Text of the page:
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WRiTE CLUB 2021 - Preliminary Bout #1

The votes from our slush pile readers have been tallied and they have selected thirty to step into the ring against one another over the course of the next eight weeks. Even though the number of submissions was down this year, the quality of those who did enter wasn't. It was a tight race! Thank you once again to our awesome Slushpile Readers

I present to you the inaugural WRiTE CLUB 2021 bout.

Here's a reminder of what is happening. WRiTE CLUB (sponsored by Wild Lark Books) is a tournament-style contest that will run for nine weeks (which includes a week break for the holidays). It provides writers the opportunity to compete against one another for a chance to win a free publication package (along with other prizes). Here’s the kicker—it’s all done anonymously. Writers have submitted 500-word writing samples under pen names. The chosen (decided by a group of twelve slush pile readers) are paired off to go head-to-head in daily “bouts”, with the winner of each match determined by you the reader—by voting for your favorites. Bout winners keep advancing until there are only two remaining and that’s when a panel of celebrity judges, who include well know authors, agents, editors, and other publishing folks, choose the ultimate champion.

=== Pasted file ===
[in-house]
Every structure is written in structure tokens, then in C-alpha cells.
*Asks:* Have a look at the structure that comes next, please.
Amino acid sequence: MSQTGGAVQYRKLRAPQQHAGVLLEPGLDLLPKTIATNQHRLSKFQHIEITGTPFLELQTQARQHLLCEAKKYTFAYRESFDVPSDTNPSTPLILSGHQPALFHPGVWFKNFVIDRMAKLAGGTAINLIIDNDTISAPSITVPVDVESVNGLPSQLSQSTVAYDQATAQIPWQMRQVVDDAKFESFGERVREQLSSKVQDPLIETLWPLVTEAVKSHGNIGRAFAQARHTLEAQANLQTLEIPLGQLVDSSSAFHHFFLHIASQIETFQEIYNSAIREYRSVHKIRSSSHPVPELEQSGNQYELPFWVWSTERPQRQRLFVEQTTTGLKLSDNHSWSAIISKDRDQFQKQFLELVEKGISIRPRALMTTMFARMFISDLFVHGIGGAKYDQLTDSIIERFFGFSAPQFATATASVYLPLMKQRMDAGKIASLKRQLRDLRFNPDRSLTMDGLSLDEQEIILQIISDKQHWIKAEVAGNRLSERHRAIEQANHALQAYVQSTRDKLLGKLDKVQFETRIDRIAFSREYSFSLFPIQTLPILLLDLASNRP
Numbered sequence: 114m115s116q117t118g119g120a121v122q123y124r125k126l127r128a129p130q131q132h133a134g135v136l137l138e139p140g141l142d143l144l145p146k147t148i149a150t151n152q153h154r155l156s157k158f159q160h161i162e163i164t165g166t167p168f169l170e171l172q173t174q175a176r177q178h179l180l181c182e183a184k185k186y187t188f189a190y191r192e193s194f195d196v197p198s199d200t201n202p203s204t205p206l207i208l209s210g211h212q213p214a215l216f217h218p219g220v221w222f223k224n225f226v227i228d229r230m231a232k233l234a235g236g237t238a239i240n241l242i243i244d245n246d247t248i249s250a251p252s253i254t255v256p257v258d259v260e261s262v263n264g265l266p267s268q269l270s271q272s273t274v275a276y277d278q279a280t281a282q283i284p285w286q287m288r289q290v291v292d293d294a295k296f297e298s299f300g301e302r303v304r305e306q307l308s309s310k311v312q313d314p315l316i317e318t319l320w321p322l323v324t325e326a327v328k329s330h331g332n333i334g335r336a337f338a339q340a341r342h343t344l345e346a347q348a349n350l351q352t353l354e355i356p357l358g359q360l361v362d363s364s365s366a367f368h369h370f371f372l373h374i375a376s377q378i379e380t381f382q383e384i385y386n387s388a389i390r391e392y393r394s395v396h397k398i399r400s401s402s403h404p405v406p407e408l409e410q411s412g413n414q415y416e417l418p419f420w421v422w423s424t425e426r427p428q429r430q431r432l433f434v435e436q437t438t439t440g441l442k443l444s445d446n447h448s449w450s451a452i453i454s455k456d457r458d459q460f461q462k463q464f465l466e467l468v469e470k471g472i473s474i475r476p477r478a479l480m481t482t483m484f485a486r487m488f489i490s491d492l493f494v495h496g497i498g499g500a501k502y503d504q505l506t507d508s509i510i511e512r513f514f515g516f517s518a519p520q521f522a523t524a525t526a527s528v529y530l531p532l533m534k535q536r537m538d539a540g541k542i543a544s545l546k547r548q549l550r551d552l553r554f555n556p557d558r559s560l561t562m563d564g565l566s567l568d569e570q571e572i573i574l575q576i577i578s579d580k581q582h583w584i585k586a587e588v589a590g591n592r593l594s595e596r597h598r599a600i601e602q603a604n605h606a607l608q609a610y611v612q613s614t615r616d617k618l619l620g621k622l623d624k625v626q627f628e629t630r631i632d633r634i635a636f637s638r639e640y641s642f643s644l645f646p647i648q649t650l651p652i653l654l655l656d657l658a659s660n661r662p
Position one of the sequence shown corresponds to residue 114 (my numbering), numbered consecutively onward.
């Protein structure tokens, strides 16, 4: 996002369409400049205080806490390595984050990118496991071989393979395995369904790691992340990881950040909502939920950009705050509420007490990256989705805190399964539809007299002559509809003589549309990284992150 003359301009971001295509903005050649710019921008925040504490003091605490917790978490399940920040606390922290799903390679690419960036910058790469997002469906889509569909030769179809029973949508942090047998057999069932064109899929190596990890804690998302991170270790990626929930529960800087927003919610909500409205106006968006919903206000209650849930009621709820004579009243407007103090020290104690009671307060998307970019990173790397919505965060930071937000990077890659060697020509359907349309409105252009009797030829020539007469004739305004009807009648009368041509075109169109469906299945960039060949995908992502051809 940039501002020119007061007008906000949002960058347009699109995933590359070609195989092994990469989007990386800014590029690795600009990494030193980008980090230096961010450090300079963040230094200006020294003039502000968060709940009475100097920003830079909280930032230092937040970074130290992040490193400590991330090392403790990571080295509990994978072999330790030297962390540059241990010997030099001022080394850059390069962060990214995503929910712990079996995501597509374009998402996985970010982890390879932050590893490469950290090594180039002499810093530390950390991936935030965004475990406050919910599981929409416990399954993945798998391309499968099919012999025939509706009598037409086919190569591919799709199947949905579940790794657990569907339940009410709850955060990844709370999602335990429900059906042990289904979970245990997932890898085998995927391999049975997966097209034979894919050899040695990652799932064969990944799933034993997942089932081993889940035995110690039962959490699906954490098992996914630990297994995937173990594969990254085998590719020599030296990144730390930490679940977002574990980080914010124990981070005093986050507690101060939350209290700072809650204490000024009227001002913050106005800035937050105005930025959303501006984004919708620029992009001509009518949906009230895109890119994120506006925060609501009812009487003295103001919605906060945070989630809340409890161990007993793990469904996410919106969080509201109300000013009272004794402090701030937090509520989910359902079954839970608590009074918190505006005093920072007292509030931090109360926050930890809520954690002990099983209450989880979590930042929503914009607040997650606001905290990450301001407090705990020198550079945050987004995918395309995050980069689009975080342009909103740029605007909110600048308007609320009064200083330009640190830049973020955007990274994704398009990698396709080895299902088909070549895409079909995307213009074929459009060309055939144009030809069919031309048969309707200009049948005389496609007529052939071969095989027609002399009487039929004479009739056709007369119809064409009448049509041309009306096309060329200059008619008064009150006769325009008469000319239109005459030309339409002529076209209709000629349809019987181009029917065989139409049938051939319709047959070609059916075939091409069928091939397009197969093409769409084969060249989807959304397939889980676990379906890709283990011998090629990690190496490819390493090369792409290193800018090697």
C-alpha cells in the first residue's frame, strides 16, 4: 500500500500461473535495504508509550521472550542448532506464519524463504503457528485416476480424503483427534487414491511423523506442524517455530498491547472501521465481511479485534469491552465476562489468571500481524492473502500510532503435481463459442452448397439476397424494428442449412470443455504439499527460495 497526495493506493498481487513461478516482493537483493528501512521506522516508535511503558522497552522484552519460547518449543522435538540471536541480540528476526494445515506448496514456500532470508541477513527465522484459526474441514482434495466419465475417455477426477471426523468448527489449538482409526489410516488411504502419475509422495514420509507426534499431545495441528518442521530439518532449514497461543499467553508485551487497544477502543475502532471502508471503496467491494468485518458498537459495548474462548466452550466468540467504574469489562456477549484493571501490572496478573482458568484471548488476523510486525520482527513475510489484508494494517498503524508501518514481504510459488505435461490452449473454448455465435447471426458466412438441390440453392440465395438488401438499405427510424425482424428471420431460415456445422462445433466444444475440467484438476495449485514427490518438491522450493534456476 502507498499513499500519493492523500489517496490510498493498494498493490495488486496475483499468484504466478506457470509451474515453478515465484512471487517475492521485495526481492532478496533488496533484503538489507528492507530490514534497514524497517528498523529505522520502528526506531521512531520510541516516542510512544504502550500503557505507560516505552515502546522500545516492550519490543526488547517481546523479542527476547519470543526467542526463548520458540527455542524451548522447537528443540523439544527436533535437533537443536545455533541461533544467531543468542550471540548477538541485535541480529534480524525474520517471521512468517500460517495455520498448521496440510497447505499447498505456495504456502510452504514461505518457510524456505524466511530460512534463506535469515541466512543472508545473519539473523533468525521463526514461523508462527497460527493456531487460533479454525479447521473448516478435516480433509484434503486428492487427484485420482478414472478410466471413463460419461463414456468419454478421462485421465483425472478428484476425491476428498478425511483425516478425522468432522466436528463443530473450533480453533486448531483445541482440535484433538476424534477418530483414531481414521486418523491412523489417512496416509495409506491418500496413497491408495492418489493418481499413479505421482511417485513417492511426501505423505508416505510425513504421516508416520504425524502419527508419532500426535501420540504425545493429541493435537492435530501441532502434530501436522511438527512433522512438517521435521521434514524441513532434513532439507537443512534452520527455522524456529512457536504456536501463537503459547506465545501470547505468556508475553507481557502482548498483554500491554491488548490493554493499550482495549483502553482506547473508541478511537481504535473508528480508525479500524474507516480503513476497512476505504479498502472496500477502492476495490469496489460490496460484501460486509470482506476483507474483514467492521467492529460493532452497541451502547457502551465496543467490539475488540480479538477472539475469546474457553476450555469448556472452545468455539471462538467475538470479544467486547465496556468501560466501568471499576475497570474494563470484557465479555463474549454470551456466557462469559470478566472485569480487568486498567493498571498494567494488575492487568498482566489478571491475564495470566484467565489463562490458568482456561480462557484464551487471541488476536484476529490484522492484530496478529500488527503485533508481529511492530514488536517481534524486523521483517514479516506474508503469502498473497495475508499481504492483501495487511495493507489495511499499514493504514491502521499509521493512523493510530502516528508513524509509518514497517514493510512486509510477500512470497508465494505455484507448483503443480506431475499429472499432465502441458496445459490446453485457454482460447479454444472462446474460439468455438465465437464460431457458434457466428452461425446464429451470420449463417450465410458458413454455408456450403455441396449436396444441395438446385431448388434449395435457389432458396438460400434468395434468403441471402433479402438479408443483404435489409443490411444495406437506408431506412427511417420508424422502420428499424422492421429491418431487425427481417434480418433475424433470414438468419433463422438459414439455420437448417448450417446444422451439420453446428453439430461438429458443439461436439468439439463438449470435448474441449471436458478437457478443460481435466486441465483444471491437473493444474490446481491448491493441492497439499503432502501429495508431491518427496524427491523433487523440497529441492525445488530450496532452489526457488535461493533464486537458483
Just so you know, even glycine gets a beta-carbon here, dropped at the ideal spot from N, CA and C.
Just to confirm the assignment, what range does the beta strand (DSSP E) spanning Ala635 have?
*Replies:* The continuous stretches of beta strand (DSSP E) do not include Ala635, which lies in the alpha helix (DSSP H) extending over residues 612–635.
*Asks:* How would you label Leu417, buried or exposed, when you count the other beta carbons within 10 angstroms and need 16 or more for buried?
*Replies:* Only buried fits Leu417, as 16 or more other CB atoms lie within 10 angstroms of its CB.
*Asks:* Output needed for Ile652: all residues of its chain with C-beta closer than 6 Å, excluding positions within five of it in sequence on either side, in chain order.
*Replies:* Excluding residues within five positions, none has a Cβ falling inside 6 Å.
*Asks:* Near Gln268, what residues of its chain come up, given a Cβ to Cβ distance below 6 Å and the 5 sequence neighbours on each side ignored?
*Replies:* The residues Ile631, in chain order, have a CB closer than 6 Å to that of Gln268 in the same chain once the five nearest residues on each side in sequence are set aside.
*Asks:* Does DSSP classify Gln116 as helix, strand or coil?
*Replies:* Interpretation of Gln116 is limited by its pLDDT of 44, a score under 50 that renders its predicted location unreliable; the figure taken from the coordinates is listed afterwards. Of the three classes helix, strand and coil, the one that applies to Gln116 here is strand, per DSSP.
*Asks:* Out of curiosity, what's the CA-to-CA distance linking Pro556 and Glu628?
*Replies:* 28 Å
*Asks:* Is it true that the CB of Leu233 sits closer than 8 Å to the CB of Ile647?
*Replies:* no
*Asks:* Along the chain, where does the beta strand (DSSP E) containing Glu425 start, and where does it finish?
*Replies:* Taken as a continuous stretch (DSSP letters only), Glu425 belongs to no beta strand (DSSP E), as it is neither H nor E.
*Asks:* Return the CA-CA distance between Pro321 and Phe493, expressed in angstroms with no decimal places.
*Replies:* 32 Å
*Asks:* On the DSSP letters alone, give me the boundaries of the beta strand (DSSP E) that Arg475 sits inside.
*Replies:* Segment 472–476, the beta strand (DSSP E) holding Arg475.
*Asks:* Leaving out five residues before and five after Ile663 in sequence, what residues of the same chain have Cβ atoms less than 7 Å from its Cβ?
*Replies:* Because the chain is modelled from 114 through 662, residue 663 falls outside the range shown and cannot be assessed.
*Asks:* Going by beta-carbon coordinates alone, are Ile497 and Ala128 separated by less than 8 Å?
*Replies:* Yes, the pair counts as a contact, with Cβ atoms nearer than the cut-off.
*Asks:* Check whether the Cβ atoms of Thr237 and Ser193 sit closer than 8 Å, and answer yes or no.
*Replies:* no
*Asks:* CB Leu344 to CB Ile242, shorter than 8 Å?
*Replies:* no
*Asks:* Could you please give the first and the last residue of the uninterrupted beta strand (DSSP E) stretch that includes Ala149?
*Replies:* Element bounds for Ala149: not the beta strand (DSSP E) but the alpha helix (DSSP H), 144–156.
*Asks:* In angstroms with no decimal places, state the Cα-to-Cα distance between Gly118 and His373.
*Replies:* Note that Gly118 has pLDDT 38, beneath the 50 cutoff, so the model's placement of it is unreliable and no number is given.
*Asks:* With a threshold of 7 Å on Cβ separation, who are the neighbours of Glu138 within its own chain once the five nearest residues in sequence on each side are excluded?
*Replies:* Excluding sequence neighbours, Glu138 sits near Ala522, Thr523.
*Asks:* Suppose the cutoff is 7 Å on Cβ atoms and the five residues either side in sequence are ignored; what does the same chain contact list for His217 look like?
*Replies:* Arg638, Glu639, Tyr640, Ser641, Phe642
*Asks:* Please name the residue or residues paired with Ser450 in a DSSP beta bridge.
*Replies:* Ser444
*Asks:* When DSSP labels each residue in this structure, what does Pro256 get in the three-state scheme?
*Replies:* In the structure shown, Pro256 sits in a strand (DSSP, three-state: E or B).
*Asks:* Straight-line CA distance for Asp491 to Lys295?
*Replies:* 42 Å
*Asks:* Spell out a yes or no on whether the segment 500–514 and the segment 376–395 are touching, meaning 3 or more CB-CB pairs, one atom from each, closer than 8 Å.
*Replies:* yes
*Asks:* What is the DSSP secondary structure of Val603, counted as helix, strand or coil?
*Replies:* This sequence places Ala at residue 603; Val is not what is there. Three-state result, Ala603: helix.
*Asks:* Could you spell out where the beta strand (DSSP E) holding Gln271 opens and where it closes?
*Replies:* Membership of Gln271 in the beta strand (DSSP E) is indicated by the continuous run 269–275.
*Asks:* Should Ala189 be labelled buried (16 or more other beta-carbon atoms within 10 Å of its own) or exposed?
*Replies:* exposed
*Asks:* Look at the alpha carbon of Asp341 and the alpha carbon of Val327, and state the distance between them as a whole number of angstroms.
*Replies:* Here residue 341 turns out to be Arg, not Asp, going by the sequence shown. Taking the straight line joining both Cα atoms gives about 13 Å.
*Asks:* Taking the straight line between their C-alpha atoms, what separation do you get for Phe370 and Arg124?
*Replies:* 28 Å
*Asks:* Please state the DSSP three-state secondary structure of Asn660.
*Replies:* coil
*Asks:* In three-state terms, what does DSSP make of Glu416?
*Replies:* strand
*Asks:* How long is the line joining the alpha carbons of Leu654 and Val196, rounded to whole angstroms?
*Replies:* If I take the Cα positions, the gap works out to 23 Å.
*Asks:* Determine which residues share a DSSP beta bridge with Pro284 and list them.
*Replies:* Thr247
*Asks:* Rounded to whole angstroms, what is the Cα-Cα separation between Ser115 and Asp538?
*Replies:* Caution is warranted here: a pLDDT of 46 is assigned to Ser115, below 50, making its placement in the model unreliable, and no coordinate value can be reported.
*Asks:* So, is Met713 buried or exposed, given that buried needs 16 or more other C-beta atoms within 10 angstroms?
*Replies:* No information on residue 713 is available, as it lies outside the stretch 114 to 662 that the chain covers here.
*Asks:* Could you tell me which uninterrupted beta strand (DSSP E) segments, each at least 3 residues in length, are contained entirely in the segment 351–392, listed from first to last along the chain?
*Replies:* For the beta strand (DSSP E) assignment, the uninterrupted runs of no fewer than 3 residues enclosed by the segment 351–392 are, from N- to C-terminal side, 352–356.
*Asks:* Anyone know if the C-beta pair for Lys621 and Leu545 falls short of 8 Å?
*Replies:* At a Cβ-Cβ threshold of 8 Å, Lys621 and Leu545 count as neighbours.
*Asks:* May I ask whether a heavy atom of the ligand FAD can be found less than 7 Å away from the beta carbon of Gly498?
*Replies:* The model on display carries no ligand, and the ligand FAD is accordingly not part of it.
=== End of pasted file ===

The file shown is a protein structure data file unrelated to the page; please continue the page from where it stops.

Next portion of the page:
Anyone can vote (as long as you have a Google sign-in or verifiable email address), and when you do, we encourage you to leave a mini-critique for both writers. Oh, the voters can win a $50 Wild Lark Books gift card. Each time you vote in a bout your name will be placed into a hat and at the end of the contest, one name will be selected to receive the prize.

How this works—two anonymous (pen name only) writing samples are waiting in the ring below. Visitors to this blog (that’s you) should read both entries and then vote by leaving a comment for the one that resonates with you the most. We also ask that you leave a brief critique for both writers with your vote because that is one of the real values of this contest—FEEDBACK. Please be respectful with your remarks!

Even though there will be a different bout every day (M-F), the voting for each bout will remain open for seven days from the date I post it to give as many people as possible to have a say. Voting for today’s bout will close on Sunday, Dec. 12th (noon central time). To help keep up with which bouts are open, you can follow along on the WRiTE CLUB Scoreboard updated right HERE.

It’s that simple. The writing piece that garnishes the most votes will move on to the next round where they’ll face a different opponent. In case of a tie, I’m the deciding vote. I can do that because, like all of you, I do not know the real names of our contestants either (my wife processes all the submissions).

A few more rules –